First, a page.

I disagree on that, aside from Butler that is. In most of my games I enjoy irking Butler by promoting Nathaniel Lyon above him. Partly because Lyon looks a bit like me and shares my first name, but mostly because I dislike Butler.

Freemont can be useful to bring loyalty up in contested regions like St. Louis.

Halleck in my opinion is rather good. He sits around and trains units without consuming too much supplies. Then after Grant gets an army command, I give Halleck a corps command under him. With Halleck's three great traits, I can always find a good use for him.

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Gray Fox
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Tue Jun 09, 2015 1:20 pm

Another point to consider when entering a structure is the overcrowding rule. A city can hold 10 elements per size point and a fort type 25. So D.C., a size 6 city, in early 1861 can hold 60 elements without overcrowding, but only 25 after the size 1 redoubt is built there. If you put too many elements in a small structure, then the enemy get an advantage when they assault.

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dinsdale
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Tue Jun 09, 2015 2:10 pm

Cardinal Ape wrote:I disagree on that, aside from Butler that is. In most of my games I enjoy irking Butler by promoting Nathaniel Lyon above him. Partly because Lyon looks a bit like me and shares my first name, but mostly because I dislike Butler.

Freemont can be useful to bring loyalty up in contested regions like St. Louis.

Halleck in my opinion is rather good. He sits around and trains units without consuming too much supplies. Then after Grant gets an army command, I give Halleck a corps command under him. With Halleck's three great traits, I can always find a good use for him.


Their traits are useful, but Halleck's seniority always means a morale loss when promoting Grant, Sherman or Rosecrans to an army. I find the west to be a training center in its own right, there are continual small skirmishes and assaults to be carried out. I just can't get over their strategic rating, I play with the more harsh settings which always seem to lock Halleck for 9 months of the year in Cairo :)

dinsdale
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Tue Jun 09, 2015 2:11 pm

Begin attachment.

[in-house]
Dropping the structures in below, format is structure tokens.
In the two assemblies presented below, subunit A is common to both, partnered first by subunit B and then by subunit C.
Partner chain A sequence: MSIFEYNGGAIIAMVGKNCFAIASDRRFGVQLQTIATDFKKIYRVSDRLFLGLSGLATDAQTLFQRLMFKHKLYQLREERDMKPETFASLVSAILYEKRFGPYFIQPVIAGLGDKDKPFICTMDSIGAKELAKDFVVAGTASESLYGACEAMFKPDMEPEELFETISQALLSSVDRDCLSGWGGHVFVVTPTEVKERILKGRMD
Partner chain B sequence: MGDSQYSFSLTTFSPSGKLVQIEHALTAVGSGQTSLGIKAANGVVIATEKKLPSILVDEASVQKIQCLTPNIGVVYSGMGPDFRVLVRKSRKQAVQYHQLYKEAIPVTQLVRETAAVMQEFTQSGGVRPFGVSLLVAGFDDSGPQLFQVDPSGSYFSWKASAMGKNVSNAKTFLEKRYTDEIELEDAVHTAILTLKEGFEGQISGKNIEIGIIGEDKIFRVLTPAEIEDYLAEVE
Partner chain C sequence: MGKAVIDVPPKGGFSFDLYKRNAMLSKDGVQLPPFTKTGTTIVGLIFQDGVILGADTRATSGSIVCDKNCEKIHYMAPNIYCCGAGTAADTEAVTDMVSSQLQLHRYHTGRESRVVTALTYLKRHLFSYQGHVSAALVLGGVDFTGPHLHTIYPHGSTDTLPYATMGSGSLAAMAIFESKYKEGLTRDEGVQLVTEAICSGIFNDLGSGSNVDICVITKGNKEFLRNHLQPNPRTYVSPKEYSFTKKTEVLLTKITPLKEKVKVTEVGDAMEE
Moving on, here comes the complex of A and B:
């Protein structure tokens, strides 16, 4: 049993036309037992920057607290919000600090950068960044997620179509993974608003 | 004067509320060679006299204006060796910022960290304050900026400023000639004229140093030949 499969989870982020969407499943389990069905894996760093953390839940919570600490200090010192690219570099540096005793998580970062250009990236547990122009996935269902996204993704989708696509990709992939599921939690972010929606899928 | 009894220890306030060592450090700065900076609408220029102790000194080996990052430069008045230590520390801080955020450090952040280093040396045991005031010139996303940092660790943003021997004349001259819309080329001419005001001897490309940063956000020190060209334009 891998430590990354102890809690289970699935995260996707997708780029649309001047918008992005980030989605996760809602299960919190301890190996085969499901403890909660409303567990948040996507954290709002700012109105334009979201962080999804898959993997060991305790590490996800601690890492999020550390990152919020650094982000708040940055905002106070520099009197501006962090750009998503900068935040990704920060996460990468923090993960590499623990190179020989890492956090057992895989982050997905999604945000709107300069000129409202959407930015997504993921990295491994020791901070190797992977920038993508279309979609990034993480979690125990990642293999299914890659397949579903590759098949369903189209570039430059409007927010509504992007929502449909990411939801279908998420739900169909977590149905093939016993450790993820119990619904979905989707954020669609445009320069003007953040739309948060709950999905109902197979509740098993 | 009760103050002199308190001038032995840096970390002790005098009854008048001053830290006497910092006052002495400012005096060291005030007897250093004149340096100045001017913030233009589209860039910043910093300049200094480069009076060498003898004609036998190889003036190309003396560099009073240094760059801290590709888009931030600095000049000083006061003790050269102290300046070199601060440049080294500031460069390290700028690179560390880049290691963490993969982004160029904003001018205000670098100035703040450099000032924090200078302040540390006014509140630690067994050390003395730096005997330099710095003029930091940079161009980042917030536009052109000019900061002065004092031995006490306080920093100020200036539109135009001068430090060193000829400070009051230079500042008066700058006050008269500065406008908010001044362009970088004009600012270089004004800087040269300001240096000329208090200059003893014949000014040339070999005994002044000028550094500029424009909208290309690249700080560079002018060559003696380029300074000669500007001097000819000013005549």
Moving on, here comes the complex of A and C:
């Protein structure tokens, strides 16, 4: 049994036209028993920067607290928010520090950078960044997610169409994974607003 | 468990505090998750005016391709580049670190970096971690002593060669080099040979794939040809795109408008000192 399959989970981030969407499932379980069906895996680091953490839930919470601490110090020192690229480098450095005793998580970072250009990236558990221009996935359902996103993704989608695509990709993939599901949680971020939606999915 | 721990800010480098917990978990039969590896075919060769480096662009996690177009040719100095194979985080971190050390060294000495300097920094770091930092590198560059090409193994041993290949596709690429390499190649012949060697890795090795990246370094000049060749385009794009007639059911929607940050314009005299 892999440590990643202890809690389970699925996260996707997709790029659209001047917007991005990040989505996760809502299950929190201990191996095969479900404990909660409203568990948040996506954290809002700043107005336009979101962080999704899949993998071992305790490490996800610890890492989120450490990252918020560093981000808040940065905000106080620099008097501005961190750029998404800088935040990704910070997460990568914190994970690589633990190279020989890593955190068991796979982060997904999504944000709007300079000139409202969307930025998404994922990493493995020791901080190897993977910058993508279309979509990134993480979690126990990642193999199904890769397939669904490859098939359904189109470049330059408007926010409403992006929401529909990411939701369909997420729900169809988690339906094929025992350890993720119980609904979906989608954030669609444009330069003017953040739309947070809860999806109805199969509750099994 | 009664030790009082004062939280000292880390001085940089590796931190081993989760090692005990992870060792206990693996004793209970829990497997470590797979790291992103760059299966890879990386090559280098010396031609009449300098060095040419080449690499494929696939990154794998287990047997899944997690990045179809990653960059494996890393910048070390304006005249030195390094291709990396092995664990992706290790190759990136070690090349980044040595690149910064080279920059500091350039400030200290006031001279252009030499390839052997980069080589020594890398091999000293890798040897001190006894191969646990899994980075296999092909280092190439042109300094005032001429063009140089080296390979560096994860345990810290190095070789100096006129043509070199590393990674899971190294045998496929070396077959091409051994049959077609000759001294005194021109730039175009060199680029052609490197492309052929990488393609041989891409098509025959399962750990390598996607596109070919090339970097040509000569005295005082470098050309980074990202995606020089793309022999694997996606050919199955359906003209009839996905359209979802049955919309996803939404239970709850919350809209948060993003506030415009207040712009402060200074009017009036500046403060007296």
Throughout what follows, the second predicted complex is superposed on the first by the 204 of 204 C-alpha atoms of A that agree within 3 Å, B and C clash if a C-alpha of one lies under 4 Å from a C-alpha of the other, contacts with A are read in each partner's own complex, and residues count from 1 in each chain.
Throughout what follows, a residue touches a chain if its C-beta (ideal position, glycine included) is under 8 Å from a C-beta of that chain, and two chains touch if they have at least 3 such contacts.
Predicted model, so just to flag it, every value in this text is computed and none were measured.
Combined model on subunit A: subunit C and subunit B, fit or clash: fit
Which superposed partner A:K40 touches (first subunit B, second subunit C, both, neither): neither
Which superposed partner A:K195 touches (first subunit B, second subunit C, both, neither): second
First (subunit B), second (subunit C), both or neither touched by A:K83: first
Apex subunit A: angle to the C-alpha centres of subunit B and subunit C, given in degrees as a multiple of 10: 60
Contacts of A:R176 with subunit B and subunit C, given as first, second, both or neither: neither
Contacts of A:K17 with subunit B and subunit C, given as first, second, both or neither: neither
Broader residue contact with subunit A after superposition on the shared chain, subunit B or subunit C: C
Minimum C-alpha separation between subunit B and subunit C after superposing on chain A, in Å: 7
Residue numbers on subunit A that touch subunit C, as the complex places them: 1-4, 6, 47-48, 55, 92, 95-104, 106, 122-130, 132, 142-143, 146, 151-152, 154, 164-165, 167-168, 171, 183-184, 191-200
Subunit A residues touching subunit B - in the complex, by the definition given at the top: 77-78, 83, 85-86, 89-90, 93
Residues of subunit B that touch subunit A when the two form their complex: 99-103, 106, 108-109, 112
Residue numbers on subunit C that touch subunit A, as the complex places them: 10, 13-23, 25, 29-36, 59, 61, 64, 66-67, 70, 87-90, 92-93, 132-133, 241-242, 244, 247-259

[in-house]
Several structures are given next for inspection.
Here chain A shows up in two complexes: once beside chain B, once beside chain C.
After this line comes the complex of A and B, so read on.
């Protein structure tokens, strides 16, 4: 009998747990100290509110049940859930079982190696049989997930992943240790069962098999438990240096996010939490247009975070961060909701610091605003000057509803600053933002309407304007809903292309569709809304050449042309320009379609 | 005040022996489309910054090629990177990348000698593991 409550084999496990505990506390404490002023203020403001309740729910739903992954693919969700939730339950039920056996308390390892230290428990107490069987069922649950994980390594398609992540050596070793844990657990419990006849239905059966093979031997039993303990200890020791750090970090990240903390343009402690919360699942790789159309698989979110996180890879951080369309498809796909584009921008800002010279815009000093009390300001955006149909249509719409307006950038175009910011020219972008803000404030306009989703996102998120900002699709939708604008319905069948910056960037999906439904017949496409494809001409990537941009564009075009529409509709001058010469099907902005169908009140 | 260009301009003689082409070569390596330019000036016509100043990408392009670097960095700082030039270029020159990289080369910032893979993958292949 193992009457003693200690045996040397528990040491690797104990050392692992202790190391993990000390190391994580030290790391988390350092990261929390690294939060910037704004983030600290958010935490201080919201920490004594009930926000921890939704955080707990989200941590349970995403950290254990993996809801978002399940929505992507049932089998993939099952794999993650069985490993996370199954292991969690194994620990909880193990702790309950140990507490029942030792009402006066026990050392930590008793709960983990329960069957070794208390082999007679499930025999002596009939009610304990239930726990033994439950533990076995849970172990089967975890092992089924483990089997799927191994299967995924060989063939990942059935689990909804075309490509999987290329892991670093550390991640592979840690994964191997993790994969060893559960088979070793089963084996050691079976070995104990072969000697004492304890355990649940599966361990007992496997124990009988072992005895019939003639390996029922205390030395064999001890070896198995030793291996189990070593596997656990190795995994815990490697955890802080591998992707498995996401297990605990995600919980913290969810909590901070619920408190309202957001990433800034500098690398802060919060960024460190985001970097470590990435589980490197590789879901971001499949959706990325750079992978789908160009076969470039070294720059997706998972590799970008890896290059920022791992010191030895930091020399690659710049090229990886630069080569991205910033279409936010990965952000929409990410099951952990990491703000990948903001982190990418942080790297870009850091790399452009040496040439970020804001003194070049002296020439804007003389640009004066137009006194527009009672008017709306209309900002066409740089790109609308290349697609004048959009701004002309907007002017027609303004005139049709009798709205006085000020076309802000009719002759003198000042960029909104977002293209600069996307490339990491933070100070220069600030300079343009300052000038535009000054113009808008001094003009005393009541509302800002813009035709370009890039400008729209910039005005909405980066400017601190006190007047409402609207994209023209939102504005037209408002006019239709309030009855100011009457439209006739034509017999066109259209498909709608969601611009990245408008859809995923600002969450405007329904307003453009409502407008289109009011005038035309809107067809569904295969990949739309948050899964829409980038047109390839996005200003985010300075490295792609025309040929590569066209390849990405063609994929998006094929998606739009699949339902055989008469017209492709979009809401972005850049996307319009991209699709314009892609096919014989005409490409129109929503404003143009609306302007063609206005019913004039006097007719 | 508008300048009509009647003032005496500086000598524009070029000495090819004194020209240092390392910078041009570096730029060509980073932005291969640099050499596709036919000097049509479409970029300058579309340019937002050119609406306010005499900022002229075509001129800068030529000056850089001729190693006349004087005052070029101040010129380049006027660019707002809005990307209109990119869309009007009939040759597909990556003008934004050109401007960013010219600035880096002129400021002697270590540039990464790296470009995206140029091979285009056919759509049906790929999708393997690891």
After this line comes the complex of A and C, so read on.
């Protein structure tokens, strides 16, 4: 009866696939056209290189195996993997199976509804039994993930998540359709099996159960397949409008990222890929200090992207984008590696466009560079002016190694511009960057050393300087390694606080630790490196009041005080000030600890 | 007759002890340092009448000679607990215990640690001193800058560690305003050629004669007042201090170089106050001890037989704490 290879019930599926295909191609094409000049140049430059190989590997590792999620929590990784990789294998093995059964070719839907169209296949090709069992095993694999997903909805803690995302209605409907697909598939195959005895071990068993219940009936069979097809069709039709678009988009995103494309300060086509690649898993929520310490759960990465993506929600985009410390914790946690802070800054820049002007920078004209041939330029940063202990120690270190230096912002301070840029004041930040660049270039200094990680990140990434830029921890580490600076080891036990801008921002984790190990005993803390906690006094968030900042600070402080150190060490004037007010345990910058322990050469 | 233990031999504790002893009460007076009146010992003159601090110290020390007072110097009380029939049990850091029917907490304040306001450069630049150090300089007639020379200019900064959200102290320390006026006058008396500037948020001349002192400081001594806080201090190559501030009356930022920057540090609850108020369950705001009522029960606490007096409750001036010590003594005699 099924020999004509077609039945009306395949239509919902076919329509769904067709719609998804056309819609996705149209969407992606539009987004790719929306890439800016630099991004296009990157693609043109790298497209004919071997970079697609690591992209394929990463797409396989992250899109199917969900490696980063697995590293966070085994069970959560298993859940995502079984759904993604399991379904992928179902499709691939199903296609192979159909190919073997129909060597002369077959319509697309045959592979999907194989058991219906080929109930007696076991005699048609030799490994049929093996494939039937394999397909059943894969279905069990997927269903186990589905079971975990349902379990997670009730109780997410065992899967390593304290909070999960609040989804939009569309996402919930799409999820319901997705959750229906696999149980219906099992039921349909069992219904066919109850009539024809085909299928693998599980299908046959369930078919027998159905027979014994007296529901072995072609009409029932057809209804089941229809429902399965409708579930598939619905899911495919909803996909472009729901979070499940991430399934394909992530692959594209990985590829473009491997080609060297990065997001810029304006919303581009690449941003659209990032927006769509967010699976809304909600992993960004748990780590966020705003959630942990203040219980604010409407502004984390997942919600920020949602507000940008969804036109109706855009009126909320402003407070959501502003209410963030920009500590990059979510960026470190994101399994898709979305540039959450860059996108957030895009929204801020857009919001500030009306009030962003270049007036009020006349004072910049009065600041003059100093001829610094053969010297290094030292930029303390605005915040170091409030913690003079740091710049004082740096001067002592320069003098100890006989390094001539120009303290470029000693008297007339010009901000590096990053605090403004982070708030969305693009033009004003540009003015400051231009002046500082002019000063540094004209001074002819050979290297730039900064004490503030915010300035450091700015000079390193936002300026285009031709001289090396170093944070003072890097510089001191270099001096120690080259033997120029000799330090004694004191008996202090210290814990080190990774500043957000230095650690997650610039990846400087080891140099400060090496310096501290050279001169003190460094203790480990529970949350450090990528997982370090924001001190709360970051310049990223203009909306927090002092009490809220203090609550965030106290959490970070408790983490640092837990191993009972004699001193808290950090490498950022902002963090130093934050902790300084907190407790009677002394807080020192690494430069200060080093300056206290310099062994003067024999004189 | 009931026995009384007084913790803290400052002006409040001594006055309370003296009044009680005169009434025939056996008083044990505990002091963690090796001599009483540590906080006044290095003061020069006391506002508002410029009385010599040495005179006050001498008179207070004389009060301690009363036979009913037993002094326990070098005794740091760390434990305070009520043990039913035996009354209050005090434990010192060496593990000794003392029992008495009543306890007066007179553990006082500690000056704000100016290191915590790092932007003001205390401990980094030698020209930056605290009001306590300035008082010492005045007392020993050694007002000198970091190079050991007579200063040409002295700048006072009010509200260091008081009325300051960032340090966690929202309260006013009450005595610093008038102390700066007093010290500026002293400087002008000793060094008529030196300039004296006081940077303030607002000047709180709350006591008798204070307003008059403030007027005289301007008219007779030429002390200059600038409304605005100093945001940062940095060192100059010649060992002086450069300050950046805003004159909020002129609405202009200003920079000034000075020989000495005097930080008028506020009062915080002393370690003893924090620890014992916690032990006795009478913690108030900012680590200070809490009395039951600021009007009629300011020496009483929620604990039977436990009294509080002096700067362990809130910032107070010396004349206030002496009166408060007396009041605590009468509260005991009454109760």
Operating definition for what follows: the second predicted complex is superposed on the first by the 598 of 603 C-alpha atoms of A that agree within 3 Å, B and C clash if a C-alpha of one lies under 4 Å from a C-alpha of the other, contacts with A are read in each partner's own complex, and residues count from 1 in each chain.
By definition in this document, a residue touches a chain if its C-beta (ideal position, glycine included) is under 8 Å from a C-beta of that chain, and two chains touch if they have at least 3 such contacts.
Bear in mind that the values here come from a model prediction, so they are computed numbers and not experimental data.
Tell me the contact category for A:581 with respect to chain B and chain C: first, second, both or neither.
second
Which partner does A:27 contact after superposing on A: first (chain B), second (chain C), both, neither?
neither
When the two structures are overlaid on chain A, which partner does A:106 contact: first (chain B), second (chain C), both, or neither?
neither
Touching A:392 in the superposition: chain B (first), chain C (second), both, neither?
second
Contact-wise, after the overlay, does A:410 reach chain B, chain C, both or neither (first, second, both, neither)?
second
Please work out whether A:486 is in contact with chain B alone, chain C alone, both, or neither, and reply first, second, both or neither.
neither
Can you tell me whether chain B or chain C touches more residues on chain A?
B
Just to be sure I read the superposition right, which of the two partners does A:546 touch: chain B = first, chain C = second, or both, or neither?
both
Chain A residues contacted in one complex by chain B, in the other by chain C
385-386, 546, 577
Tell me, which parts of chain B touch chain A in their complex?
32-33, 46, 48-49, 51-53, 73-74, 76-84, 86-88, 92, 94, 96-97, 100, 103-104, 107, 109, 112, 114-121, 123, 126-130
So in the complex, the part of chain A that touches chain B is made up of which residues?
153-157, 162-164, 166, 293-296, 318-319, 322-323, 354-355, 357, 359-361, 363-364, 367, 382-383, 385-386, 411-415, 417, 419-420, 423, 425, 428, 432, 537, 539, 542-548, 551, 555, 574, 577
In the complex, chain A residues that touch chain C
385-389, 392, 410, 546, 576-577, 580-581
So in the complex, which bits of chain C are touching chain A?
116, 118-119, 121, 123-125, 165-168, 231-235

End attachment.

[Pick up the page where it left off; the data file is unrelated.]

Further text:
Cardinal Ape wrote:I disagree on that, aside from Butler that is. In most of my games I enjoy irking Butler by promoting Nathaniel Lyon above him. Partly because Lyon looks a bit like me and shares my first name, but mostly because I dislike Butler.

Freemont can be useful to bring loyalty up in contested regions like St. Louis.

Halleck in my opinion is rather good. He sits around and trains units without consuming too much supplies. Then after Grant gets an army command, I give Halleck a corps command under him. With Halleck's three great traits, I can always find a good use for him.


Their traits are useful, but Halleck's seniority always means a morale loss when promoting Grant, Sherman or Rosecrans to an army. I find the west to be a training center in its own right, there are continual small skirmishes and assaults to be carried out. I just can't get over their strategic rating, I play with the more harsh settings which always seem to lock Halleck for 9 months of the year in Cairo :)

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Cardinal Ape
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Tue Jun 09, 2015 10:26 pm

If you play with the activation rule that locks inactive generals in place then it is easier to avoid the NM and VP hits from army appointments. Unless they fixed it since I last played on that setting. Locked generals don't count when promoting or assigning army commanders. If you can get Lyon a couple of victories before Butler unlocks and before Freemont arrives, you can give him an army command without making anyone mad. Though you need to give Banks an army as well.

But yeah, the Union will have to take some NM and VP hits at some point to get better army commanders. I prefer to do it sooner rather than later. Ideally before you break 100 NM so that the normalization helps mitigate the hit. Usually that doesn't happen though.